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The Graham Weekly Album Review #1689

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The True Spokes: The True Spokes

by George Graham

(independent release As broadcast on WVIA-FM 6/13/2012)

Despite the enduring popularity of the jam band scene, there seems to come a time in many jam bands' recording careers that they want to do more succinct and structured songs, even pop tunes. This happened with the band Phish a number of years ago, and the String Cheese Incident, Moe and Umphrey's McGee, all very popular on the jam band scene, have at various points, make recordings of shorter tunes. Some have done it perhaps as a challenge for a group used to improvisation, or maybe a desire to widen the group's potential audience. In any case the results of such un-jamming have been mixed at best. A jam band is essentially the musical opposite of a pop group, and when a group tries to change direction so much, the results are not always the most artistically successful.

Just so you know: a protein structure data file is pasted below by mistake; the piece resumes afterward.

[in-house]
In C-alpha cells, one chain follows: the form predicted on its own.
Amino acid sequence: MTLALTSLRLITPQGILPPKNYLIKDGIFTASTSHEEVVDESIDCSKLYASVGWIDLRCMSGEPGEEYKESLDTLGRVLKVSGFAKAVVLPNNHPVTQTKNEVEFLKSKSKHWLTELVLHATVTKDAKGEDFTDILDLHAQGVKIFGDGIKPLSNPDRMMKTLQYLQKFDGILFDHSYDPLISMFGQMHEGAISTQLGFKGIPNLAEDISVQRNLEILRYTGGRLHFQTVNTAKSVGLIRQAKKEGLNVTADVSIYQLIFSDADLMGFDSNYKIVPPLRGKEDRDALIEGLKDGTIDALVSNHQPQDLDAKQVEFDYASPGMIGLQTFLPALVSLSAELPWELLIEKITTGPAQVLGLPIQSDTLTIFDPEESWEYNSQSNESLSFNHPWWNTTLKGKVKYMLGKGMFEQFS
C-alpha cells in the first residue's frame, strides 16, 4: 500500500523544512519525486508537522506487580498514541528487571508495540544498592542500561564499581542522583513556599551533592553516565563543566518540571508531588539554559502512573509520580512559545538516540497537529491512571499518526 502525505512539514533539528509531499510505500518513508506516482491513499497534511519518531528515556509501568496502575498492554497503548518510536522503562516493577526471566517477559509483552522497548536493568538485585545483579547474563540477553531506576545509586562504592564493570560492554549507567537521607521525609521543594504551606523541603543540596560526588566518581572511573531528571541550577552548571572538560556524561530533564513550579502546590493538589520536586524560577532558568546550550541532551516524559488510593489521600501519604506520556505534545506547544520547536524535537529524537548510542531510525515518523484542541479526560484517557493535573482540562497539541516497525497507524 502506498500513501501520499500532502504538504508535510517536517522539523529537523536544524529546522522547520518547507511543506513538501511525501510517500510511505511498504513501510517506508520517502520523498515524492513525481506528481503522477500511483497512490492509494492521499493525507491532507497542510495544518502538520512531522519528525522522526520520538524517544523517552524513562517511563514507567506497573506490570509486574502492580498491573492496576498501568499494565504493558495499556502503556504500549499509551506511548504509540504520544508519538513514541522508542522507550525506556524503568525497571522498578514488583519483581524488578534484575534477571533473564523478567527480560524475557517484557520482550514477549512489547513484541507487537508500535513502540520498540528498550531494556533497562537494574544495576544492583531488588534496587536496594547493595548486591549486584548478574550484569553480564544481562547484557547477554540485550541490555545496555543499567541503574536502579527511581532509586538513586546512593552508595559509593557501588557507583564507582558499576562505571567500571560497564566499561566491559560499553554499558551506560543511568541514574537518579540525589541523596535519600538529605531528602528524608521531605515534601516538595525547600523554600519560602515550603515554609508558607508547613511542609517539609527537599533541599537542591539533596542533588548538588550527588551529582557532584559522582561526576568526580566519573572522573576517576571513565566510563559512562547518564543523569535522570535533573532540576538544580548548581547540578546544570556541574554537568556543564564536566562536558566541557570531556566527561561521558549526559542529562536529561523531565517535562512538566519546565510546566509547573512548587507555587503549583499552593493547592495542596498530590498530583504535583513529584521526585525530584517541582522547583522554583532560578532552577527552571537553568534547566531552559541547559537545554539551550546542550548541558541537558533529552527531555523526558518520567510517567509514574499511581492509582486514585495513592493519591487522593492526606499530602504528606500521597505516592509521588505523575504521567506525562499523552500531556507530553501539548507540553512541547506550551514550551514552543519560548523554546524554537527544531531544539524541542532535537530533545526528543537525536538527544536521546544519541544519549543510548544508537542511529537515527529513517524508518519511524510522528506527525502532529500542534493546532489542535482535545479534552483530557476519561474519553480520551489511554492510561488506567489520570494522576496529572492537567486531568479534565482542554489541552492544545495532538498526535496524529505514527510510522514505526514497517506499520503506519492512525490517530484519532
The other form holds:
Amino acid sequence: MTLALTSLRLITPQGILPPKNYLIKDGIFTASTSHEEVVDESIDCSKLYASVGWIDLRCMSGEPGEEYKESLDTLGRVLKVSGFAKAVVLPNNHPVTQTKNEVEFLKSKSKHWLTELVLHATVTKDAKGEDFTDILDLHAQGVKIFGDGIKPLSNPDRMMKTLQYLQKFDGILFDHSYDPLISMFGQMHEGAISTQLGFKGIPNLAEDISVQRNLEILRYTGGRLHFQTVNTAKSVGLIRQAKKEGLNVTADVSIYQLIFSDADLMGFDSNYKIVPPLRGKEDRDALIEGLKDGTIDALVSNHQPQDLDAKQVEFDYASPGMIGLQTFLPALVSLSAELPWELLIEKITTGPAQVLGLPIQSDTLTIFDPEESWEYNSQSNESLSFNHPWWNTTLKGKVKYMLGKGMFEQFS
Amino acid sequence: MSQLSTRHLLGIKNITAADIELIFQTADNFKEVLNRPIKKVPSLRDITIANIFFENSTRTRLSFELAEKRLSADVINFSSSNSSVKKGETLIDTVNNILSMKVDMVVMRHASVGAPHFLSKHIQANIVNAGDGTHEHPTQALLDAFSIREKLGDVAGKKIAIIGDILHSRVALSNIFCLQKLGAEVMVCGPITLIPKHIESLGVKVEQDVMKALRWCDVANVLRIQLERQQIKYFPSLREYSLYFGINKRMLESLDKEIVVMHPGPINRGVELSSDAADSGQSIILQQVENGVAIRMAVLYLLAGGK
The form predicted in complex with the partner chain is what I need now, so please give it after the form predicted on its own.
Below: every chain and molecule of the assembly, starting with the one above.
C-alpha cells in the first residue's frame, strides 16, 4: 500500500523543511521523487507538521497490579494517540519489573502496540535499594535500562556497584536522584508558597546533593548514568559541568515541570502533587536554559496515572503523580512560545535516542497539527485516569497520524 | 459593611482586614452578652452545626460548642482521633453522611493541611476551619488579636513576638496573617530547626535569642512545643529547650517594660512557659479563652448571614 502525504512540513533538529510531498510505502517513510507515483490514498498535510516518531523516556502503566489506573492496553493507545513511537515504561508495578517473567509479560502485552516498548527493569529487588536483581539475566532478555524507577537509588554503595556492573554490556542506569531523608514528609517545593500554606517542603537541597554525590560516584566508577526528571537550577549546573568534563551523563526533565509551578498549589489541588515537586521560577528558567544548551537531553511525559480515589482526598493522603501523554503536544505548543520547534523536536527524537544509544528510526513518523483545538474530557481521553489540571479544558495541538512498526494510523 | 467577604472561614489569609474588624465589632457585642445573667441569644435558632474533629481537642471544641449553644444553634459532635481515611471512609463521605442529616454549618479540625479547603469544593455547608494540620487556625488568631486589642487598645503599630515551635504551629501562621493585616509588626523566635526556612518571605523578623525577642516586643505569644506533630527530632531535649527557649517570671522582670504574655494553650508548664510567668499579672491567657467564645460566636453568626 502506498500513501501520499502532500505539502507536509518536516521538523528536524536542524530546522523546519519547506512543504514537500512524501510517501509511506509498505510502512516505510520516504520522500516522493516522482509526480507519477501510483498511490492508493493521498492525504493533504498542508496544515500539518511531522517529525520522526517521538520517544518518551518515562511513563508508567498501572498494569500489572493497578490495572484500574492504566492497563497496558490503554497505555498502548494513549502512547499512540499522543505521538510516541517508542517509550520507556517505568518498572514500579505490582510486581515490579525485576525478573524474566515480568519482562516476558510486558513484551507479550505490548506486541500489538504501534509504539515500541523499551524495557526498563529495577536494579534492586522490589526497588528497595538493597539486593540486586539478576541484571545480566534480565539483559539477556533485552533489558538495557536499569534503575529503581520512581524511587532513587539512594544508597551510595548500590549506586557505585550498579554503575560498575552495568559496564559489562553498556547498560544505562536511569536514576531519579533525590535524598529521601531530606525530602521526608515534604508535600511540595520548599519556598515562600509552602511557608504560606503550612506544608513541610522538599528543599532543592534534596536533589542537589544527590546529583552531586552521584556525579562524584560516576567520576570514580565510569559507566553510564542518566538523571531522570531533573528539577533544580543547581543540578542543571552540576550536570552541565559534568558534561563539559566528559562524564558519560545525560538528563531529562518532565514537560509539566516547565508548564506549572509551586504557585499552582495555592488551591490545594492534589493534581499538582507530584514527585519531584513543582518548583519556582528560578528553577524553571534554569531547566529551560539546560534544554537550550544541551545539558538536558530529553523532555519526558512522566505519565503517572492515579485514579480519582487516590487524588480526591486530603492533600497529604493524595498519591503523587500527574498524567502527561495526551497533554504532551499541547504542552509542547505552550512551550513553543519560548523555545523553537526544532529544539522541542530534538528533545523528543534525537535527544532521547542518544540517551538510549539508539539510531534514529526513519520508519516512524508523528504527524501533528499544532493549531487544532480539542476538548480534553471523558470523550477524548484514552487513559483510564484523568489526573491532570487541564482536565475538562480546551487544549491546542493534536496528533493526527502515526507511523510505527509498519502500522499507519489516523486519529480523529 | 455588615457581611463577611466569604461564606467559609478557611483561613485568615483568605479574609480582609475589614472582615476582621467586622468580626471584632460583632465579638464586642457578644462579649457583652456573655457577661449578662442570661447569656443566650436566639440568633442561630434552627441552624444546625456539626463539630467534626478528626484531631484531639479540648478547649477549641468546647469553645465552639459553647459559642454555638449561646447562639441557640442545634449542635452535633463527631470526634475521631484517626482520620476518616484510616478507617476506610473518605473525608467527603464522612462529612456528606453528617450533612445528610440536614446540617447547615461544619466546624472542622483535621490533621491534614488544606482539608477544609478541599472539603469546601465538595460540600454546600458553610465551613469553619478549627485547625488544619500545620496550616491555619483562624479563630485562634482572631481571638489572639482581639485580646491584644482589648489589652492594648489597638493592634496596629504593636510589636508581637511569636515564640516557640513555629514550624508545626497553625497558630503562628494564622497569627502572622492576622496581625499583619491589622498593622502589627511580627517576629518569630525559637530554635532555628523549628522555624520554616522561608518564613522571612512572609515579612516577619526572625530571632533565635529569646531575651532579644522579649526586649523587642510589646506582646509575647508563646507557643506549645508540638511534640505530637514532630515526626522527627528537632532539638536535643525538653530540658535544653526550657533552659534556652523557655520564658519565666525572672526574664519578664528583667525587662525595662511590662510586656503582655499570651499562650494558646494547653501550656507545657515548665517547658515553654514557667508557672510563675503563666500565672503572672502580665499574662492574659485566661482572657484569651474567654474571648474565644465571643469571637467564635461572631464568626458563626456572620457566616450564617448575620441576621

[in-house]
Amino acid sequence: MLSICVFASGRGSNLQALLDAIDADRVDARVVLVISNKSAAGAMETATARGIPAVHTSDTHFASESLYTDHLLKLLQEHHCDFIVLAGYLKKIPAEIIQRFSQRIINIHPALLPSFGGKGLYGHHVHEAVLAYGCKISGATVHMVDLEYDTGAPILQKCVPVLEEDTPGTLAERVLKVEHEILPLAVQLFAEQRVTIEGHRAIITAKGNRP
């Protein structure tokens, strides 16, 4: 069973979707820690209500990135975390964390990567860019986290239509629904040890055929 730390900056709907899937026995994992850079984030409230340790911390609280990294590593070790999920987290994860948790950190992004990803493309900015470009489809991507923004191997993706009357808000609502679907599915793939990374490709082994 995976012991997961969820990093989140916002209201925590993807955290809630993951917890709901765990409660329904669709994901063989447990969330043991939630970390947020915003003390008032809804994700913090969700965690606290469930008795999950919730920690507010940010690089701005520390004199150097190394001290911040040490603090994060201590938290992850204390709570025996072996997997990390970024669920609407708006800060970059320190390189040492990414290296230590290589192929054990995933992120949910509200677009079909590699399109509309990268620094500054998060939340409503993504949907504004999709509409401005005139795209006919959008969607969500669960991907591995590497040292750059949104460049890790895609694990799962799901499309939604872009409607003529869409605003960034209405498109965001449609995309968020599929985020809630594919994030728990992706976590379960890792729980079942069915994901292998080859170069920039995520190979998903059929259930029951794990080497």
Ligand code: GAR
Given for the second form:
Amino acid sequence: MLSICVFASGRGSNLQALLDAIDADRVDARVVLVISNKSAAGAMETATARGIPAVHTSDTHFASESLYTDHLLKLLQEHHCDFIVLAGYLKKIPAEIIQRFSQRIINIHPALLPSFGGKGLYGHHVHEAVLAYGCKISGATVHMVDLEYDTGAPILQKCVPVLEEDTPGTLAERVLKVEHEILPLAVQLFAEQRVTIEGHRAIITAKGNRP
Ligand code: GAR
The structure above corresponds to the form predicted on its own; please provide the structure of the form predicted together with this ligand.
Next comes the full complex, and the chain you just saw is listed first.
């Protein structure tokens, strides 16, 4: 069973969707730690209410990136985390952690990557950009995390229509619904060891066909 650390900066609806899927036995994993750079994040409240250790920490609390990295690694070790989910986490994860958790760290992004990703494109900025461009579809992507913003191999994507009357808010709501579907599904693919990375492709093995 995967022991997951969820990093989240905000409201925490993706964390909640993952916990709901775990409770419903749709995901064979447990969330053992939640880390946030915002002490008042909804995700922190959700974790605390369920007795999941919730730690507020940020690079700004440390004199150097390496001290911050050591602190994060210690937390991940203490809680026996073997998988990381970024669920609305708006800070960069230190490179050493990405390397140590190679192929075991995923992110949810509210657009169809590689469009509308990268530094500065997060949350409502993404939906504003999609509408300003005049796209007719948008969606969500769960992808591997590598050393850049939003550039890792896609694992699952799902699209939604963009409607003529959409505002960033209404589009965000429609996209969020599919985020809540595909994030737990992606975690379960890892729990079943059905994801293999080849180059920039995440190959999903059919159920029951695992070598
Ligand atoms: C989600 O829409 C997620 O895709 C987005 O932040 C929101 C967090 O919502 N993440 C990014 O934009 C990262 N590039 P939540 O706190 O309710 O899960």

This week we have a new CD from a veteran jam band from Seattle who were sufficiently intent on seeking a new direction that they even changed their name. And they succeed brilliantly in their new approach. The band and the new CD are both called the True Spokes.

For a dozen years, the group was known as Flowmotion, and as such they released several CDs, and put together an annual music festival called Summer Meltdown, with the emphasis on jam bands. The festival has been going since 2000, and has developed a considerable following in the Pacific Northwest.